Product liability, litigations in india and class


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Product liability, litigations in india and class

  1. 1. Product liability, litigations in India and class action suits in usa.<br />1<br />By:<br />VISHESH KUMAR, NISHANK, RAKESH, SIDDHANT.<br />
  2. 2. Objectives.<br />What is product liability.<br />Theory of product liability.<br />Types of product liability.<br />What is litigation<br />Types of litigations.<br />What is class action suits<br />Advantages of CAS.<br />2<br />
  3. 3. What is product liability.<br />Product liability is the area of law in which manufacturers, distributors, suppliers, retailers, and others who make products available to the public are held responsible for the injuries those products cause. Although the word "product" has broad connotations, product liability as an area of law is traditionally limited to products in the form of tangible personal property.<br />3<br />
  4. 4. Theories of liability.<br />The claims most commonly associated with product liability are negligence, strict liability, breach of warranty, and various consumer protection claims. The majority of product liability laws are determined at the state level and vary widely from state to state. Each type of product liability claim requires different elements to be proven to present a successful claim.<br />4<br />
  5. 5. Types of liability.<br />The law that governs liability is according to the Article 2(a)(b) of the Hague conference on 1973.<br />Manufacturing defect,<br />Design defect,<br />A failure to warn (also known as marketing defects).<br />5<br />
  6. 6. Public Interest Litigation In India<br />PIL can be defined as-<br />The law intended for the protection of public interest. It is litigation introduced in a court of law, not by the aggrieved party but by the court itself or by any other private party<br />6<br />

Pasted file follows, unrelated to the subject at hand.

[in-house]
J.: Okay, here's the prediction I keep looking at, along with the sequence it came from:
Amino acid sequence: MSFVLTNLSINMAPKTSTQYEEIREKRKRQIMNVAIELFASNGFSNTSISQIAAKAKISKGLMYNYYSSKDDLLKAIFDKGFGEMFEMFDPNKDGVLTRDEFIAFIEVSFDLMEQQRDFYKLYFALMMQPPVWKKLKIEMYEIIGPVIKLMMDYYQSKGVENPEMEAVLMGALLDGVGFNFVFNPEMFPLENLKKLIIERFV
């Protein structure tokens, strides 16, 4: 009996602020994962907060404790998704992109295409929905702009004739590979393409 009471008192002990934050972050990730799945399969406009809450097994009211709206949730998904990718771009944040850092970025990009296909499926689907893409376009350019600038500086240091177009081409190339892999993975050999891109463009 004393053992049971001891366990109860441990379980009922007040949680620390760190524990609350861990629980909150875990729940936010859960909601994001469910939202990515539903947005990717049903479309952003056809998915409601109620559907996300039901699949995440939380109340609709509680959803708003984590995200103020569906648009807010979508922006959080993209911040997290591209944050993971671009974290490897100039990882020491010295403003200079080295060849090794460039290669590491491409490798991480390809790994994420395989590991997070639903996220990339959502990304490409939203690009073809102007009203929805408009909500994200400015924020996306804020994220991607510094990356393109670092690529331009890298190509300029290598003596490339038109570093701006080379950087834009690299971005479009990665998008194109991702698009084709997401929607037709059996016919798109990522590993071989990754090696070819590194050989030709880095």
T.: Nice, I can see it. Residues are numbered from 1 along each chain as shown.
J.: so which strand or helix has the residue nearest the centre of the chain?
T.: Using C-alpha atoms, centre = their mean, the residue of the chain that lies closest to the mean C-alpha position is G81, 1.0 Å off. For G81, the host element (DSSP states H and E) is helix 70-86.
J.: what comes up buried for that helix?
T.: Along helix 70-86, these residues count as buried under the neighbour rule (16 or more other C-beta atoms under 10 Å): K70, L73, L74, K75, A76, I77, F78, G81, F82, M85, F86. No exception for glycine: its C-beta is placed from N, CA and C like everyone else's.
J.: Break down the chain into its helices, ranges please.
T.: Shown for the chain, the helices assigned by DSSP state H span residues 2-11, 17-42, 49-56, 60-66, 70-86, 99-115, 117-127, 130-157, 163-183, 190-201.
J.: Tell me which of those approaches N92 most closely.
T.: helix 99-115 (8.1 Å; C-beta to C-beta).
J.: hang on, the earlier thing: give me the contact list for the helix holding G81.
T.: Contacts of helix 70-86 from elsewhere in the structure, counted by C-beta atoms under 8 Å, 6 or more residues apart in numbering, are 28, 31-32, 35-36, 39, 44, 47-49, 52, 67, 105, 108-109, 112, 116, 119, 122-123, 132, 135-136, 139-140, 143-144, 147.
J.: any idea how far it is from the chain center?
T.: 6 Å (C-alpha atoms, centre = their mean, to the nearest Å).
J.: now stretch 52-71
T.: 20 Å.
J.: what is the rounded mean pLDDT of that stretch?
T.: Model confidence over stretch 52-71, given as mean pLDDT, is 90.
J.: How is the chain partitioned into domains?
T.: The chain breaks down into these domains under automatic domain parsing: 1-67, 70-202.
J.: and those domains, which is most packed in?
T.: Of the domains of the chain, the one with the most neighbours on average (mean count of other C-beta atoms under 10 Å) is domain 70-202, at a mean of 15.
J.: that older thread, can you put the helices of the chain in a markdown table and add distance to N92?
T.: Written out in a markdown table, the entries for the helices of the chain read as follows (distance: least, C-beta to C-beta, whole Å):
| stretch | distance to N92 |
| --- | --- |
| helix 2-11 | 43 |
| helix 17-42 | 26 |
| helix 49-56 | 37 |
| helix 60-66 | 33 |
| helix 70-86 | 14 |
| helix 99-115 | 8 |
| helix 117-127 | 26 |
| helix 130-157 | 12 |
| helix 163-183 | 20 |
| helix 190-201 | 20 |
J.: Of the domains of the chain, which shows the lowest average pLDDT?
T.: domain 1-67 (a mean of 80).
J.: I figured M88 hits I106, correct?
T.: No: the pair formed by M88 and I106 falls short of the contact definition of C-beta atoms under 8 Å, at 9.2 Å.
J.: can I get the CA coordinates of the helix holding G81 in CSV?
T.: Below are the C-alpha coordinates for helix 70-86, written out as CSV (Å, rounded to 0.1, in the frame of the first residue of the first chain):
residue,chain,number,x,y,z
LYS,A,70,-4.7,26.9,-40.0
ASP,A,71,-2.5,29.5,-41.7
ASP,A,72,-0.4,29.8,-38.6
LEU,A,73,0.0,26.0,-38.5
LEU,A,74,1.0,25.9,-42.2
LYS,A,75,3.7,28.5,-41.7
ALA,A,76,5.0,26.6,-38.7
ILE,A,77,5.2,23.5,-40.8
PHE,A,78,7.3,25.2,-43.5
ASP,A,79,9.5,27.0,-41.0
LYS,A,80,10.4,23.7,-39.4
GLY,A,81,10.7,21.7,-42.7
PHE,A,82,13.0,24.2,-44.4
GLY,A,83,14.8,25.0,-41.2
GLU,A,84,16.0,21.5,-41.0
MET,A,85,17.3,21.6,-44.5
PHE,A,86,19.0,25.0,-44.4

7. 7. Procedure to file a PIL.<br />In high court two copies of the petition has to be filed.<br />In supreme court five sets of petition has to be filed.<br />Court fee of Rs.50 per respondent has to be affixed on the petition.<br />Proceedings carry on in the same manner as in other cases.<br />7<br />
  8. 8. Types to relief for litigations<br />Interim Measures.<br />Appointing a Committee.<br />Final Orders.<br />A writ can also be treated as a litigation.<br />(In common law, a writ is a formal written order issued by a body with administrative or judicial jurisdiction; in modern usage, this body is generally a court. Warrants, prerogative writs and subpoenas are types of writs)<br />8<br />
  9. 9. What is Class action suits<br />A class action or a representative action is a form of lawsuit in which a large group of people collectively bring a claim to court and/or in which a class of defendants is being sued. <br />collective lawsuit originated in the United States and is still predominantly a U.S. phenomenon<br />9<br />
  10. 10. The United States federal courts, class actions are governed by Federal Rules of Civil ProcedureRule 23 and 28 U.S.C.A. § 1332 (d).<br />Class action lawsuits may be brought in federal court if the claim arises under federal law, or if the claim falls under 28 USCA § 1332 (d). Under § 1332 (d).<br /> (2) the federal district courts have original jurisdiction over any civil action where the amount in controversy exceeds $5,000,000 and either 1. any member of a class of plaintiffs is a citizen of a State different from any defendant; 2. any member of a class of plaintiffs is a foreign state or a citizen or subject of a foreign state and any defendant is a citizen of a State; or 3. any member of a class of plaintiffs is a citizen of a State and any defendant is a foreign state or a citizen or subject of a foreign state.<br />10<br />
  11. 11. History of Class Action suits<br />The ancestor of the class action was what modern observers call "group litigation," which appears to have been quite common in medieval England from about 1200 onward.<br />These lawsuits involved groups of people either suing or being sued in actions at common law. <br />11<br />
  12. 12. Advantages of Class Action Suits<br /> Aggregation can increase the efficiency of the legal process, and lower the costs of litigation.<br />A class action may overcome "the problem that small recoveries do not provide the incentive for any individual to bring a solo action prosecuting his or her rights.<br />Third, class action cases may be brought to purposely change behaviour of a class of which the defendant is a member<br />12<br />
  13. 13. Thank you.<br />13<br />